Twitch Streamers Under Fire For Copyrighted Music Use – How Can You Keep Your Channel Safe? — Mubert Blog Twitch Streamers Under Fire For Copyrighted Music Use – How Can You Keep Your Channel Safe? — Mubert Blog

Twitch Streamers Under Fire For Copyrighted Music Use – How Can You Keep Your Channel Safe?

You’ve likely heard that many Twitch streamers have been hit with DMCA copyright strikes for music that they’ve used in broadcasts over the past few years. As Twitch follows in Youtube’s tracks with its strike policy system, the situation begs the question: How can I protect my Twitch channel if I don’t know what I’m doing wrong?


The main issue with these copyright strikes is that they often hit users who aren’t aware they’re doing anything that goes against the platform’s policy. What makes this situation even more challenging is that up until last year, thousands of streamers were freely streaming videos with copyrighted content because they had no idea they couldn’t!

When music protected under copyright gets used during a stream, the original author of that piece of music has a couple of options. They can:

  • Decide if the streamer can use their music,
  • Decide if the legal conditions apply to anyone using the song,
  • Ask the streamer for financial compensation.

If you have a Twitch channel or are considering making one that you want to add music to while streaming, there are a few important things to note.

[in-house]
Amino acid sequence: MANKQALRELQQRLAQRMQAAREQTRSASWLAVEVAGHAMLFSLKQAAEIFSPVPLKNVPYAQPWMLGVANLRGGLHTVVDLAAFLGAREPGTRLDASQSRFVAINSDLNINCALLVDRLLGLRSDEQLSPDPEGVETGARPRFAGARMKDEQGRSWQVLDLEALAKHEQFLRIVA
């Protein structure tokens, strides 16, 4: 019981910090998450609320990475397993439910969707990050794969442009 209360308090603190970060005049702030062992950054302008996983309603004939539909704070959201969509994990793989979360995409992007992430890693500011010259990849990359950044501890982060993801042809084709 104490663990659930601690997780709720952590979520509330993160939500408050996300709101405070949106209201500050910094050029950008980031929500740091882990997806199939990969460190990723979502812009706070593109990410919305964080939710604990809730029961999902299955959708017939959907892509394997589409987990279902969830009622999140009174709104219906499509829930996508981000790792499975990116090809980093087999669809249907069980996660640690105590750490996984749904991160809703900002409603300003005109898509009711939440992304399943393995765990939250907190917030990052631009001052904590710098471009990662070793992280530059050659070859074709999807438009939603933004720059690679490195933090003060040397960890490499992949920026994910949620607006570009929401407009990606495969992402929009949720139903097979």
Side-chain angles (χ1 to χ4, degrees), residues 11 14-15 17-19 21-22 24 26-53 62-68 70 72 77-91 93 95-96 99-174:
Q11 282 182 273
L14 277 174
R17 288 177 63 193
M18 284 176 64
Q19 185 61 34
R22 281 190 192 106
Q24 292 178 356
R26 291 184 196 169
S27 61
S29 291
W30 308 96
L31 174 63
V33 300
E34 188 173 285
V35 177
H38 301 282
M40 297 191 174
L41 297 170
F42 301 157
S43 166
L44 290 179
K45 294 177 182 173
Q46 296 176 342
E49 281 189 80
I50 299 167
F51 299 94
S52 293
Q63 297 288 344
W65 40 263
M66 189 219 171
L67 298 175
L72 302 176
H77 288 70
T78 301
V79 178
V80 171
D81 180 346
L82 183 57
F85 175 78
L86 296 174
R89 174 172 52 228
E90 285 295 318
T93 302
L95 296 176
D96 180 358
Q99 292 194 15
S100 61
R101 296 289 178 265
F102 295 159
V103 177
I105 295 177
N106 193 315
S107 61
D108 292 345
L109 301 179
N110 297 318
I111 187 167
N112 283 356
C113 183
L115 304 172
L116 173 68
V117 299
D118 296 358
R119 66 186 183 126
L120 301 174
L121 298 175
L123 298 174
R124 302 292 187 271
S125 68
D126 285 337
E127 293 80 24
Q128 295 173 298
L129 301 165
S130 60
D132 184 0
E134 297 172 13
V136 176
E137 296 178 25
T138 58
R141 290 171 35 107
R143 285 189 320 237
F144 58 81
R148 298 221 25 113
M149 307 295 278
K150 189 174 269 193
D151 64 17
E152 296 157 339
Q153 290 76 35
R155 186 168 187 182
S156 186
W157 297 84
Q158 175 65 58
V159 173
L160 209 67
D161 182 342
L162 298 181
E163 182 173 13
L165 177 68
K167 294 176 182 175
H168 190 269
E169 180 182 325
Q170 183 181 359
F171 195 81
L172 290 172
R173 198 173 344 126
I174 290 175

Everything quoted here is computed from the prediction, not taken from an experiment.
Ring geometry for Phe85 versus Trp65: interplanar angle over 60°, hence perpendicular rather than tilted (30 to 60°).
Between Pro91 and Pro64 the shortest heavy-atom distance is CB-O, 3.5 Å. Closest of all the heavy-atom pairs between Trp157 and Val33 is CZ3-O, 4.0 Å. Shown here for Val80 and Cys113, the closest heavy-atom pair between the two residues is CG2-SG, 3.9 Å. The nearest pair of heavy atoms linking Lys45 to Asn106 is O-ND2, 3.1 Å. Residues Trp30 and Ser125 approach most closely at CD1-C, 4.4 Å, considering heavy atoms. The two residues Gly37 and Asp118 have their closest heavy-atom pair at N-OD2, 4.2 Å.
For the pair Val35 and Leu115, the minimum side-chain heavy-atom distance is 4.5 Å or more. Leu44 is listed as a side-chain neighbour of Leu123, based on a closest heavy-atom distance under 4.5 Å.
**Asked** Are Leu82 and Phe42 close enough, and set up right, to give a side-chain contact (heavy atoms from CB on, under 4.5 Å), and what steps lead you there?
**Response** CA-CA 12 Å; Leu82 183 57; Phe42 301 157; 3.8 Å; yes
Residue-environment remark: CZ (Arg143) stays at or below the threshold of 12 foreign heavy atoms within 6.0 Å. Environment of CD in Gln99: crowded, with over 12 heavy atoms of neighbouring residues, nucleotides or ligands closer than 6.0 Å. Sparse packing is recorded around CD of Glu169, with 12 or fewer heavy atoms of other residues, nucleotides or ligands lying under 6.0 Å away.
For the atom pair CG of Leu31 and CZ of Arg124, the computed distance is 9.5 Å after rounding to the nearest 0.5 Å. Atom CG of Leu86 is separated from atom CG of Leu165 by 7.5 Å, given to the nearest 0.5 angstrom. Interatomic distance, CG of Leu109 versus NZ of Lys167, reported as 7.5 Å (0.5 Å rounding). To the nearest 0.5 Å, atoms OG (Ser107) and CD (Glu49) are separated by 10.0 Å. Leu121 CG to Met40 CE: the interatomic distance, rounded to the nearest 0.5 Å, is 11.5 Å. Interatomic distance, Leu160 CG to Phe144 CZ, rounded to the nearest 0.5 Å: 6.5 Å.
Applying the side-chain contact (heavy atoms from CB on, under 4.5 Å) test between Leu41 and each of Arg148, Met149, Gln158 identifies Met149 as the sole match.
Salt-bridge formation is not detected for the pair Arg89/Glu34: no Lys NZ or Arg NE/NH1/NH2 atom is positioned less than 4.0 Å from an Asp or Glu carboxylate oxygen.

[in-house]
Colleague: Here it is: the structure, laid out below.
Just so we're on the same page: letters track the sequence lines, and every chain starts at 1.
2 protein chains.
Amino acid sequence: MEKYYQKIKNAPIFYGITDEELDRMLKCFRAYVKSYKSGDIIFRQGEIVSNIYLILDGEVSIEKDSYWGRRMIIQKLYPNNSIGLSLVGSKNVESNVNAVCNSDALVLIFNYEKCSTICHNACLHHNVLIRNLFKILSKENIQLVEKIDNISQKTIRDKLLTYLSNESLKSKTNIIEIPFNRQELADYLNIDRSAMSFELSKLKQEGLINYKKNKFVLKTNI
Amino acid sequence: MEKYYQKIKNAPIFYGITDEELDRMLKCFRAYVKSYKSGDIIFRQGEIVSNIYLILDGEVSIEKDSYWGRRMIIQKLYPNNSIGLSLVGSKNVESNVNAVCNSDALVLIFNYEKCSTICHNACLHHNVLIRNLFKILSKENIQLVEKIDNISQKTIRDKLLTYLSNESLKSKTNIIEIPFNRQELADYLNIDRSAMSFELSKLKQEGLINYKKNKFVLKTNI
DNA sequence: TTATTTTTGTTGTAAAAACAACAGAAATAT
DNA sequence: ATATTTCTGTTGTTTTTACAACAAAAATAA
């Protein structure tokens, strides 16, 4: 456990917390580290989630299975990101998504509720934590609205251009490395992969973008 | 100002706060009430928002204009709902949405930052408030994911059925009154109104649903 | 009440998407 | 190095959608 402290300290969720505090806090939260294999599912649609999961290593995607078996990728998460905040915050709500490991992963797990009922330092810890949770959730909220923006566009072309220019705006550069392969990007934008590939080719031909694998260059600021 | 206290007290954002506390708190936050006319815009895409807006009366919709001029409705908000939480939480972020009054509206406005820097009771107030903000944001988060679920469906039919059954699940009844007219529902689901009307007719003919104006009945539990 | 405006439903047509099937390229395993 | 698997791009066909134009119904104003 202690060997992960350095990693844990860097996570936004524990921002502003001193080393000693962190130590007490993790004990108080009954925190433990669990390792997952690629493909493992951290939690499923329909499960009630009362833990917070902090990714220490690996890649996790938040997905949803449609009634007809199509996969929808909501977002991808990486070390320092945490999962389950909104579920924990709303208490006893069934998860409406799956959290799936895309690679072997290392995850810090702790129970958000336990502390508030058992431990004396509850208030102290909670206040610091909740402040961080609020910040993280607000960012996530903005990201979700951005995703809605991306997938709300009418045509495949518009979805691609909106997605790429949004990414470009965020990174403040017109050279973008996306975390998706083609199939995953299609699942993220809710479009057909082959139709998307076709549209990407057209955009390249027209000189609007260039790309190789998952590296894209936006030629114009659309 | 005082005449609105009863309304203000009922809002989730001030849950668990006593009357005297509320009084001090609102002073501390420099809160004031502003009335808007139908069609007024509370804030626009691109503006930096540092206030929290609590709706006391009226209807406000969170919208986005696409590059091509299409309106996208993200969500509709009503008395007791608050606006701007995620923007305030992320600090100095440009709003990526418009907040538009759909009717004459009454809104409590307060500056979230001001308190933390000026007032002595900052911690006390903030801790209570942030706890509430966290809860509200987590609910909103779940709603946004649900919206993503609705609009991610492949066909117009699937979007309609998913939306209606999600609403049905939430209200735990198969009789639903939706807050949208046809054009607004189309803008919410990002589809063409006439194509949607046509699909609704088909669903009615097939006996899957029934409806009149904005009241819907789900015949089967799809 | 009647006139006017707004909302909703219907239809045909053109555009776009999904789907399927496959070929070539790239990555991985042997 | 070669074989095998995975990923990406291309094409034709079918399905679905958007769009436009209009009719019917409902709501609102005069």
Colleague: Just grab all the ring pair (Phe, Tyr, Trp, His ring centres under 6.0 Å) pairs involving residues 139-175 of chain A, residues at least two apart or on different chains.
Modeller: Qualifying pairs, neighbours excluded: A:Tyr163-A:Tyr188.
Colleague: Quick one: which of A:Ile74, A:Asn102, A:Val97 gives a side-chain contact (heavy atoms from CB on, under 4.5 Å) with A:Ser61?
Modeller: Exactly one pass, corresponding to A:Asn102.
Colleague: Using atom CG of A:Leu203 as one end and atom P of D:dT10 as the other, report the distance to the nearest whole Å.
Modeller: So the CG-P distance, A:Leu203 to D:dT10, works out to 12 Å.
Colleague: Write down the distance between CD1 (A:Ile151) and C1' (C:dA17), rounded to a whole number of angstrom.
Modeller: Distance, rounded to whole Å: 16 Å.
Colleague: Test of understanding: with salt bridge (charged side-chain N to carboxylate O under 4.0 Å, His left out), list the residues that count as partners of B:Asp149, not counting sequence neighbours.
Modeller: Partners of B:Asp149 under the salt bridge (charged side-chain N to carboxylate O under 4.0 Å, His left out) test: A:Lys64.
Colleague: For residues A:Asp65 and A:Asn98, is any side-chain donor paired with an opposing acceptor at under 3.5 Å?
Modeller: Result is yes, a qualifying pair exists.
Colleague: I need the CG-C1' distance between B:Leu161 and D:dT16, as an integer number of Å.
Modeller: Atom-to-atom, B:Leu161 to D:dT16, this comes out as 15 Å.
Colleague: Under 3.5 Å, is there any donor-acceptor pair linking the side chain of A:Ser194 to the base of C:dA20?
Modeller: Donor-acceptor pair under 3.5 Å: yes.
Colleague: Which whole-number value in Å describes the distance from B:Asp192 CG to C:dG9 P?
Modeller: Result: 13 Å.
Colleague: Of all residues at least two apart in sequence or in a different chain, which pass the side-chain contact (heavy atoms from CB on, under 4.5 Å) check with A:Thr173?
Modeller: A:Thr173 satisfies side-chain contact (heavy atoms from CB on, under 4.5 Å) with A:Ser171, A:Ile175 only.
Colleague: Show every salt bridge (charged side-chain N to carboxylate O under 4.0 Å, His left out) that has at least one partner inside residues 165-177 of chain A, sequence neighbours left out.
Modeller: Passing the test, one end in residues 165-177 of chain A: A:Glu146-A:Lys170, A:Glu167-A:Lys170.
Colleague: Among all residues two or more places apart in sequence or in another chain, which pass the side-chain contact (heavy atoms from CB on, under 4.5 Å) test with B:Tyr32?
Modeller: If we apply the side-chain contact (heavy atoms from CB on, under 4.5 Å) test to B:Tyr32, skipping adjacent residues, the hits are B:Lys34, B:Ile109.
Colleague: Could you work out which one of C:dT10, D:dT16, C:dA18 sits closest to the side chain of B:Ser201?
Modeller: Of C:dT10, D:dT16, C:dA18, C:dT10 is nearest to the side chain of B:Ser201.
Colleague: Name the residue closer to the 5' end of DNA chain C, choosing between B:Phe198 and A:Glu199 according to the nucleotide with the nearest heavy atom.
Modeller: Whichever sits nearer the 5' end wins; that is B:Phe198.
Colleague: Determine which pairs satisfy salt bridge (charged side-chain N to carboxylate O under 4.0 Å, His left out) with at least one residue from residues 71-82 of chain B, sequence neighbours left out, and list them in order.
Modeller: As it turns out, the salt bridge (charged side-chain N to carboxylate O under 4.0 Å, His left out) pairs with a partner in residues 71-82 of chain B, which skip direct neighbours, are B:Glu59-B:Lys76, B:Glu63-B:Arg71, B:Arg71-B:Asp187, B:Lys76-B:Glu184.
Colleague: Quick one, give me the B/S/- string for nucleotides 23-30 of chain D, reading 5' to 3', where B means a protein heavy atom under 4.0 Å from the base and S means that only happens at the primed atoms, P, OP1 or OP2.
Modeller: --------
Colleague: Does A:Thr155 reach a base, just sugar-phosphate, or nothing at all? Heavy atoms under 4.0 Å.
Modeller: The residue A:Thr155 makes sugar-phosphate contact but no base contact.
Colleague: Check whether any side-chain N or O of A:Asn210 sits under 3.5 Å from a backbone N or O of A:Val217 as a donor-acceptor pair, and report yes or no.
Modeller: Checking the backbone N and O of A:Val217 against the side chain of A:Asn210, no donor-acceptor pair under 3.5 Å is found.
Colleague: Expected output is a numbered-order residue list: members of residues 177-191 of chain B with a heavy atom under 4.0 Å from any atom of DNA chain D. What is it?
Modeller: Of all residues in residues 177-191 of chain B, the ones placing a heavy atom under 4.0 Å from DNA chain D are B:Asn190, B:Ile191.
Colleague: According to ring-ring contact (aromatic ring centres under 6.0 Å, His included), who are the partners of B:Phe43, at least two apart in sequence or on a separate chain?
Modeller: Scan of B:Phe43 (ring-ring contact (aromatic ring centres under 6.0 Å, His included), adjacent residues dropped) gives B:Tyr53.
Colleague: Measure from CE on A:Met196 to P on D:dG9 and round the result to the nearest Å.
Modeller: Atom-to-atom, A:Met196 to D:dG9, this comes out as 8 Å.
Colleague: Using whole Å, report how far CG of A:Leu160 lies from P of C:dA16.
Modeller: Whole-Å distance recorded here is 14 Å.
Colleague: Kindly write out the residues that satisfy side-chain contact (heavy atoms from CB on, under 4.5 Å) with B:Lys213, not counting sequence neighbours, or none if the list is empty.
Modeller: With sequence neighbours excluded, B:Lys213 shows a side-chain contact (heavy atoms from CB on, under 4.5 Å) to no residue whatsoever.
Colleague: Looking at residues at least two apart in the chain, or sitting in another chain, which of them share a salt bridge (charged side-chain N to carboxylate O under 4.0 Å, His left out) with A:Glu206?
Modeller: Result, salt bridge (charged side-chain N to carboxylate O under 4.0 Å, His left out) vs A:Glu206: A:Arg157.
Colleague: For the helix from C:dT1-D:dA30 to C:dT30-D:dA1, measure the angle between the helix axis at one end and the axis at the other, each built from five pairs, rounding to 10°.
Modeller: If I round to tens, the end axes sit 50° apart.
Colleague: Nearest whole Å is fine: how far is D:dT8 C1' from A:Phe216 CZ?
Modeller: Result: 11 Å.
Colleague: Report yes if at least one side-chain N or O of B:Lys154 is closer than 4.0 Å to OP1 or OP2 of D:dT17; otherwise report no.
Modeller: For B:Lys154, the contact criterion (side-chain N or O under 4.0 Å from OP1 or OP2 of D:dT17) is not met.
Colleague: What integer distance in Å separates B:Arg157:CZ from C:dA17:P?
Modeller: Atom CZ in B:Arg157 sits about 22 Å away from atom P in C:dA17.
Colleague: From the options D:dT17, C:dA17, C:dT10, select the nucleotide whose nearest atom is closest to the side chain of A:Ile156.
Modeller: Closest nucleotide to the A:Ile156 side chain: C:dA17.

Twitch Copyright Strikes – Am I In Danger?

DMCA Claim

You’ve spent precious time on your Twitch content. The last thing you want is for your content to be blocked or deleted due to some copyright issue you weren’t even aware of.

And no, just because you’re not one of the top streamers out there doesn’t mean your videos are safe from copyright strikes or deletion. It’s pretty simple actually:

If the music that you play while streaming is copyrighted, you cannot play that music unless you have the right to do so.

When choosing music that you want to use on Twitch, you need to know what music you can legally use. There are plenty of instances of Twitch streamers using copyrighted music in their streams and receiving either third-party notifications, DMCA copyright claims or Notices of Regulatory Violations.

What Is The DMCA and Why Should I Care?

The DMCA (Digital Millenium Copyright Act) penalizes those who infringe on copyright, meaning the production and distribution of technologies that do not comply with copyright protection. Newly proposed U.S. laws are in the works to hit Twitch streamers with felonies for broadcasting materials protected under this act.

In other words, to share music on the Twitch platform, you must first obtain the rights to use that music.

Many Twitch streamers, especially those new to the platform, believe that they can play music online for their followers if they have purchased a CD or MP3. Similarly, Twitch users who use streaming services such as Apple Music or Spotify believe their subscriptions provide them with the legal right to stream the music.

However, music that you are not the author or owner of, as well as karaoke performances, playbacks, or representations of copyrighted songs, cannot legally be played over a Twitch stream. Instead, you must use music that is your property, music that you licensed for streaming or Twitch Royalty-Free Music.